Tepper, however, stated at a Nov. 28 news conference that he does “have patience,” but he continues to “evolve.” 

“Things are constantly evolving, and they’ll continue to evolve,” Tepper said. “Trying to make things better is what you always try to do. Obviously, that record is not good enough, and there’s no hiding it. … We’re going to self-reflect and make it better.”

At the same news conference, Tepper defended drafting Bryce Young with the first overall pick in the 2023 NFL Draft over C.J. Stroud. Young has struggled in his rookie season, while Stroud, who was selected by the Houston Texans with the No. 2 pick, has excelled. 

“Everything that’s right here, everything that’s wrong here, ultimately it’s my fault,” Tepper said. “I’ve got the final say.  … I believe it was a unanimous decision from the coaches and the scouts [to draft Young], and [there were] very strong opinions at the time.”

Charlotte Observer columnist Scott Fowler, a regular critic of Tepper, wasn’t allowed to ask questions at the news conference, creating another parallel to Snyder. The NFL had to step in after Snyder cut access, made TV stations broadcast from the parking lot and tried to get newspapers to pay the team to use “Redskins” in stories. 

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Despite not making the playoffs even once under Tepper, the Panthers  — thanks largely to the sales of the Denver Broncos and Washington Commanders — are now valued at $4.1 billion — a 44% premium on what Tepper paid after Jerry Richardson sold the Panthers amid allegations of sexual harassment and the use of a racial slur.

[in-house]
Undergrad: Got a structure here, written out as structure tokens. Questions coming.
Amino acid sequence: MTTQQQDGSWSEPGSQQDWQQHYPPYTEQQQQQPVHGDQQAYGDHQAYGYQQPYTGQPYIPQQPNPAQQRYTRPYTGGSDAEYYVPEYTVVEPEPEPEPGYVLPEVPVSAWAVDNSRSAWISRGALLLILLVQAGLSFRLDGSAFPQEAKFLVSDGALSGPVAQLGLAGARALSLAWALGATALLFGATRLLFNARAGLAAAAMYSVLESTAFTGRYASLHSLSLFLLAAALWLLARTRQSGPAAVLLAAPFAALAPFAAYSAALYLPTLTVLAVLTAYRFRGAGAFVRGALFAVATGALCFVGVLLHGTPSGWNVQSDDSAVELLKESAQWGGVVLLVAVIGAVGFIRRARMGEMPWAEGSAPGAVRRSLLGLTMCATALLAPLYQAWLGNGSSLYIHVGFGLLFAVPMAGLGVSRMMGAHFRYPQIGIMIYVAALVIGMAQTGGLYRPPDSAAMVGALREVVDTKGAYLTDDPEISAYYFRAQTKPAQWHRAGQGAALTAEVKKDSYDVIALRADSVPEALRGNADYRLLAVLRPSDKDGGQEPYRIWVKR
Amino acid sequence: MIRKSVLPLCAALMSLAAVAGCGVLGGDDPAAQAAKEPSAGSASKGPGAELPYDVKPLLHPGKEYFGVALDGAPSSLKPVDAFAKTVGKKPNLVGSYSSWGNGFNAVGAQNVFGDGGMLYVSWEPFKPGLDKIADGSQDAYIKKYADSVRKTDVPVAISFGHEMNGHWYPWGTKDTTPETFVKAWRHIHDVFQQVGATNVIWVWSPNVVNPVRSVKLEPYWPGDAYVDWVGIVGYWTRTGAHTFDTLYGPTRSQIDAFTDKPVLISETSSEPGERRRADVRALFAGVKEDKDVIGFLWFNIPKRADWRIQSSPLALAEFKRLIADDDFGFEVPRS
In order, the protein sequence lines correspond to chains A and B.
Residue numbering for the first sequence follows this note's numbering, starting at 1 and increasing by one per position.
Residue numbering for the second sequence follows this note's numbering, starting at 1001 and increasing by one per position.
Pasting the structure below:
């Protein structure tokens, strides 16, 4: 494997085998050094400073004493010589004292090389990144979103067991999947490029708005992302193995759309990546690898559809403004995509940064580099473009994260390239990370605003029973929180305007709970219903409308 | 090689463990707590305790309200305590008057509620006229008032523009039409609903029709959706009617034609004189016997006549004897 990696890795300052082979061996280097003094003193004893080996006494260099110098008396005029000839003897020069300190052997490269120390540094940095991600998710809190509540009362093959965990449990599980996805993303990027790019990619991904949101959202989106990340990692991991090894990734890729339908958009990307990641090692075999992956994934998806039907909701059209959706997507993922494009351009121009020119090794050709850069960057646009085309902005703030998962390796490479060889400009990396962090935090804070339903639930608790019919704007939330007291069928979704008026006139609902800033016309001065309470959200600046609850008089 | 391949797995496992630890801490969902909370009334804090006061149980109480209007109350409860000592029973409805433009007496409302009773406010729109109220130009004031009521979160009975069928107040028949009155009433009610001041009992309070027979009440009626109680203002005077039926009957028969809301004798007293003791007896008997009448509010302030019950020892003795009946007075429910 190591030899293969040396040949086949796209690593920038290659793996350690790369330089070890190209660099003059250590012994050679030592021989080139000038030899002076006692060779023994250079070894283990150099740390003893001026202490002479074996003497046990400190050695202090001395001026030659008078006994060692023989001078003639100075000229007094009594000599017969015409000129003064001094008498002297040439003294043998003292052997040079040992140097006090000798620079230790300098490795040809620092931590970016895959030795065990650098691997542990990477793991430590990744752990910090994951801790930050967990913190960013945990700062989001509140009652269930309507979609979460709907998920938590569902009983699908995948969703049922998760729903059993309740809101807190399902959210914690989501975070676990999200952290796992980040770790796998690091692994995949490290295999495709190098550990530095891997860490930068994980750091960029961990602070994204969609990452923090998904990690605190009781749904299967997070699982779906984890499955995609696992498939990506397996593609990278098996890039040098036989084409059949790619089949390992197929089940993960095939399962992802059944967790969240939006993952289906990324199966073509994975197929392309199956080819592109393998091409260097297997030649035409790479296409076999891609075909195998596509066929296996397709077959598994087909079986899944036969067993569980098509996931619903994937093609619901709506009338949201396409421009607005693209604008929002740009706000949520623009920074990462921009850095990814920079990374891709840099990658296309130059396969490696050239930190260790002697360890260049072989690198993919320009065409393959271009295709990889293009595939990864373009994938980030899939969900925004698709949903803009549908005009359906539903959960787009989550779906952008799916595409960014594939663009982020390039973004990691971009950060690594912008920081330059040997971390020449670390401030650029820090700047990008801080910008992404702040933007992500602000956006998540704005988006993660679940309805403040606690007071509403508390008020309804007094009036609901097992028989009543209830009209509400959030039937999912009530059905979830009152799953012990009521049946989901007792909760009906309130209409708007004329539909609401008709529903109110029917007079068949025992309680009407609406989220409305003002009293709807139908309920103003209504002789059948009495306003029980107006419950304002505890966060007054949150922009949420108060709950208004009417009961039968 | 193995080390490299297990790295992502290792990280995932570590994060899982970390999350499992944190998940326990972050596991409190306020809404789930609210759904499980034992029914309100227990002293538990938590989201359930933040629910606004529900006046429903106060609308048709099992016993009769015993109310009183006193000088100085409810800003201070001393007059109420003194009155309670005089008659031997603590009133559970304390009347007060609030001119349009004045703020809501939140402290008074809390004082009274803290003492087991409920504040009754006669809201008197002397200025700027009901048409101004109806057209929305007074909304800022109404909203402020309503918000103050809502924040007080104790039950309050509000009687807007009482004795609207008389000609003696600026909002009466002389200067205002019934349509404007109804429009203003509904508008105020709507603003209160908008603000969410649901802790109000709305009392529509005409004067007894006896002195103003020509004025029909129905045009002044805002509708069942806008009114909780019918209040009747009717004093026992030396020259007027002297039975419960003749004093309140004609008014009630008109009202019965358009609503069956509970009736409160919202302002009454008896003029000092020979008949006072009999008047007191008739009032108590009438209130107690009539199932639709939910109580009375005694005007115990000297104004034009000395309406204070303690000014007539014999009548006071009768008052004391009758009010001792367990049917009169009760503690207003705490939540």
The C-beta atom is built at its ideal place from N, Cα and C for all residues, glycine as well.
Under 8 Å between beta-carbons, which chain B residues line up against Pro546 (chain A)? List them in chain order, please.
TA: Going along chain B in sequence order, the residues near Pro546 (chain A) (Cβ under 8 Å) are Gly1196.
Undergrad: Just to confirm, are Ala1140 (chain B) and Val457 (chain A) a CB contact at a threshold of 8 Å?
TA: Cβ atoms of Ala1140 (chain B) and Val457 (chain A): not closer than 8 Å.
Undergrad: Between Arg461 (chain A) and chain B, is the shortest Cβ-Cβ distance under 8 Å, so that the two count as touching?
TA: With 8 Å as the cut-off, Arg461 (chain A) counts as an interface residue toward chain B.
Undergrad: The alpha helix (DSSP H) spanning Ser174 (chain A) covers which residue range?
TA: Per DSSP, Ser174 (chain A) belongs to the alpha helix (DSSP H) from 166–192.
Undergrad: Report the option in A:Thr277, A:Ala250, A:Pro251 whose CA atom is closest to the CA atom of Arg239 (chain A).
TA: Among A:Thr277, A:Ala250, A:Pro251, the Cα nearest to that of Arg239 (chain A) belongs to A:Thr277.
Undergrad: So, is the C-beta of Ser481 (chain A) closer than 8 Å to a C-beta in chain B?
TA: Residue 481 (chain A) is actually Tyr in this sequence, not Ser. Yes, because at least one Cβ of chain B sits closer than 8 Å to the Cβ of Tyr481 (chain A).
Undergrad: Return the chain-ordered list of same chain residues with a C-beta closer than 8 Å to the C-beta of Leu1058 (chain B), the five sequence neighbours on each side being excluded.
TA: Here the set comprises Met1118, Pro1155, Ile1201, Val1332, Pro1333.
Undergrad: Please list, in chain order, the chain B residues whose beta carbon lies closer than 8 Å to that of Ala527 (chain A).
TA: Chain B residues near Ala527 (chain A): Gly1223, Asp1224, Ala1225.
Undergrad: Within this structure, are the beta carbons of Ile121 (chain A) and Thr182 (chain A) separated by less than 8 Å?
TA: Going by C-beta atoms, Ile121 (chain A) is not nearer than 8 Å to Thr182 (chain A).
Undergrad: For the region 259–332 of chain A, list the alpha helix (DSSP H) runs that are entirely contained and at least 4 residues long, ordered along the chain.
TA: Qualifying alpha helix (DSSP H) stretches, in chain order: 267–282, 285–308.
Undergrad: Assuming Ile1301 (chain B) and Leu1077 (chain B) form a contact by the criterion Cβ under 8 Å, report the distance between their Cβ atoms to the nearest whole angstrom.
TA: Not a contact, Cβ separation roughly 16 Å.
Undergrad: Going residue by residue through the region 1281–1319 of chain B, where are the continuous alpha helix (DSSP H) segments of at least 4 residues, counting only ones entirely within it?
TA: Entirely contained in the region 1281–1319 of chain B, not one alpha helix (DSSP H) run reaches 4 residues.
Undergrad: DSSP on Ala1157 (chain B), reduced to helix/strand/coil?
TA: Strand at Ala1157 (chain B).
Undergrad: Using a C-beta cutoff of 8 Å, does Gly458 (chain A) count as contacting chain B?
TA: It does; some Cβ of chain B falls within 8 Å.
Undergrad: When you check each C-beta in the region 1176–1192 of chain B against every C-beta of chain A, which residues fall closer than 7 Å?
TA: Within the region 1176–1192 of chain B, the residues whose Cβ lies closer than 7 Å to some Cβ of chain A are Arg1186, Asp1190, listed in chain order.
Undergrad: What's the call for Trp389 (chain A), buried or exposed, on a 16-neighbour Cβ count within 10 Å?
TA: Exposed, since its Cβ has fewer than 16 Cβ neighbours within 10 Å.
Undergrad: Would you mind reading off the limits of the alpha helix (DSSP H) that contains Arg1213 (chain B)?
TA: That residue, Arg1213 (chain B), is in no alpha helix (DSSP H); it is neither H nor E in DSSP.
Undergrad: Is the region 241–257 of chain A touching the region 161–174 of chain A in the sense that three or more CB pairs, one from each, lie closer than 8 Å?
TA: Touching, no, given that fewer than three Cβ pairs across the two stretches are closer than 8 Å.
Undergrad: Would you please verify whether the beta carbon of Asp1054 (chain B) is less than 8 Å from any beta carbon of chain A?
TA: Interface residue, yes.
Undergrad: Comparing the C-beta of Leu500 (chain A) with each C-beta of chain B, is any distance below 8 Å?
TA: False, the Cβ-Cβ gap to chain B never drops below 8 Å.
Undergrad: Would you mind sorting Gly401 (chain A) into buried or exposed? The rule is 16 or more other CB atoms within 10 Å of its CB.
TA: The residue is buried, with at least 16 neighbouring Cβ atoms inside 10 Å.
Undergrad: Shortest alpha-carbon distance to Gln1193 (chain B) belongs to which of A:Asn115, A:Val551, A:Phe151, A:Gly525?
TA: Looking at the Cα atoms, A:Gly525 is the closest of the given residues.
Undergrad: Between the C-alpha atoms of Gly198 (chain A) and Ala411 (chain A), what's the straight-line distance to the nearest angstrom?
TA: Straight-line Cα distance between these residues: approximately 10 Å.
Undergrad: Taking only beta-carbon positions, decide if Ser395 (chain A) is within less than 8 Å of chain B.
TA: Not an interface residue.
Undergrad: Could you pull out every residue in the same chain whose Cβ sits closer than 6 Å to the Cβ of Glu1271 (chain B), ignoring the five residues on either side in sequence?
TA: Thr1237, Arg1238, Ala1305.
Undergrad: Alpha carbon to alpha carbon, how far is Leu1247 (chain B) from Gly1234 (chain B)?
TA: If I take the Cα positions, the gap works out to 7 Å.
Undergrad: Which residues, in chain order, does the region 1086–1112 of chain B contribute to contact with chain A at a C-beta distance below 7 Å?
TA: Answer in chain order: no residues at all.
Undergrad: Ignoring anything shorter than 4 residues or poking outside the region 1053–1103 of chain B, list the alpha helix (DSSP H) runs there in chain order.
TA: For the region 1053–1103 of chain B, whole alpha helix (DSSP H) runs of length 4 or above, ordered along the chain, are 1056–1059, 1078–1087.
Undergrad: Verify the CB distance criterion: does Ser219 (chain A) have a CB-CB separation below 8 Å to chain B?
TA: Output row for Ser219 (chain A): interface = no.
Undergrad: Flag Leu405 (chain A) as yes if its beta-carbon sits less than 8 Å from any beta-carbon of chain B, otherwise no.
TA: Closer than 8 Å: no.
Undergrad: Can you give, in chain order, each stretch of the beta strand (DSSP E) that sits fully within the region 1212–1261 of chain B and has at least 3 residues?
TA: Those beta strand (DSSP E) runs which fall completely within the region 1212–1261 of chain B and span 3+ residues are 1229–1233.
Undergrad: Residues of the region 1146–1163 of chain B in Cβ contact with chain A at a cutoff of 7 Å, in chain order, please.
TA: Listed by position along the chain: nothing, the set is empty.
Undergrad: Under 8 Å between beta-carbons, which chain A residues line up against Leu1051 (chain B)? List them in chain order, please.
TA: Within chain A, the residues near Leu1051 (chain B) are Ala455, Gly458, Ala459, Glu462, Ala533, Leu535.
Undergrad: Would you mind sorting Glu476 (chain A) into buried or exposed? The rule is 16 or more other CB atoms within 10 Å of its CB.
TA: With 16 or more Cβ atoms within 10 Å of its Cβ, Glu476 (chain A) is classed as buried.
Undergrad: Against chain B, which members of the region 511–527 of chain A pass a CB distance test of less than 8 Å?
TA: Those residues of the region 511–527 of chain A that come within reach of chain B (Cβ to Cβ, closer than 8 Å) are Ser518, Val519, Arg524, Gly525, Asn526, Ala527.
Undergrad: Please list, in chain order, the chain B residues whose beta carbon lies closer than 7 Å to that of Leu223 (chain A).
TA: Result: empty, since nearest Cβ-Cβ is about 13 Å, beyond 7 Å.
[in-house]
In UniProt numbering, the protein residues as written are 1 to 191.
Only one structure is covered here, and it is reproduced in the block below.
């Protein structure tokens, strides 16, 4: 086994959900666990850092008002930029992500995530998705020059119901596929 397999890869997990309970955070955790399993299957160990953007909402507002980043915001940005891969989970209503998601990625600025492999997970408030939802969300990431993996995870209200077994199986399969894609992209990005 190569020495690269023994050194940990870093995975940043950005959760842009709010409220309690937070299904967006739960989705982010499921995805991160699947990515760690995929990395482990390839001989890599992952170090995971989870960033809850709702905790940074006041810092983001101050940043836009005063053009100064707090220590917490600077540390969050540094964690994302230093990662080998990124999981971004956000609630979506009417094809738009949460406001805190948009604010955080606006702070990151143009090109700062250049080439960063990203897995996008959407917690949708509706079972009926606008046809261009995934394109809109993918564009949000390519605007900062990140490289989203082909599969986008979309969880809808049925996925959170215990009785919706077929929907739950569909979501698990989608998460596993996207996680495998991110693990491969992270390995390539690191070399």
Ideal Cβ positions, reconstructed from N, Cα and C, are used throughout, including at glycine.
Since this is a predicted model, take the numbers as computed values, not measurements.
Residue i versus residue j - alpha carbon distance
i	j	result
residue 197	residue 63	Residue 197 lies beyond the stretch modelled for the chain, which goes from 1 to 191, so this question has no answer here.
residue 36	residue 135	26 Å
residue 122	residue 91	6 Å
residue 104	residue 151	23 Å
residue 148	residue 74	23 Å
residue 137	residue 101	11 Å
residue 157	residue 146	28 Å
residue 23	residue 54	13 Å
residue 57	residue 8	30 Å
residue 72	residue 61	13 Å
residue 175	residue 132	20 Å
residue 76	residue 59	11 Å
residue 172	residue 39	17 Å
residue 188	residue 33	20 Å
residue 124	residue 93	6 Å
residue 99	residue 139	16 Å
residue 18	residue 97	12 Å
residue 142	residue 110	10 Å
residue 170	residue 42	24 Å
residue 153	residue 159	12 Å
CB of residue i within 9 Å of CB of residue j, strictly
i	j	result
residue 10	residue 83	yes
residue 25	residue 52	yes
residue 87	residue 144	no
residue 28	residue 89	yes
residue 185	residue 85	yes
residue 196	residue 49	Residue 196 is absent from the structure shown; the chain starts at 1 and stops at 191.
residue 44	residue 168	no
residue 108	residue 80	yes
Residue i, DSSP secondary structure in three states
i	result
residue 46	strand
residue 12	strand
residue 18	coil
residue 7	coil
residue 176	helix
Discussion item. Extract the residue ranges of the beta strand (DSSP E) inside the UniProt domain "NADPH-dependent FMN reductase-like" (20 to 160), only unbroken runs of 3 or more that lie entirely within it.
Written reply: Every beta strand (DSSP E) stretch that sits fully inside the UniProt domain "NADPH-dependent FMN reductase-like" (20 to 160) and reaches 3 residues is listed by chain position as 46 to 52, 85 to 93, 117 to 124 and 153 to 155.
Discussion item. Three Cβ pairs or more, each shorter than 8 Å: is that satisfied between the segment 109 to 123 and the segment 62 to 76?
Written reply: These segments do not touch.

The Broncos were purchased by Walmart
WMT,
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heir Rob Walton for $4.65 billion in 2022 before the trend toward big-money investor owners swung back to Harris, who led a group of more than 20 others to purchase the Commanders for $6.05 billion earlier this year. 

Harris, who comes from the private equity world, also benefited from owning the Philadelphia 76ers and New Jersey Devils for years — and didn’t make rash decisions with those franchises. 

Also read: How an NFL bettor just turned $500,000 into $6 million — one of the biggest parlay payouts ever

Given the requirement that team purchases be made with at least 30% cash, the next new NFL owner will likely continue the trend of owners coming from the financial world. 

“Team prices are getting to the point where you are only going to have those sorts of people,” the former NFL executive said. “They’re not going to want to learn on the job. There are very few owners who can do that. [Dallas Cowboys owner] Jerry Jones is one of the few, but that’s because he played football, and even there he had a lot of fallow periods.”

Read the original article on FrontOfficeSports.com.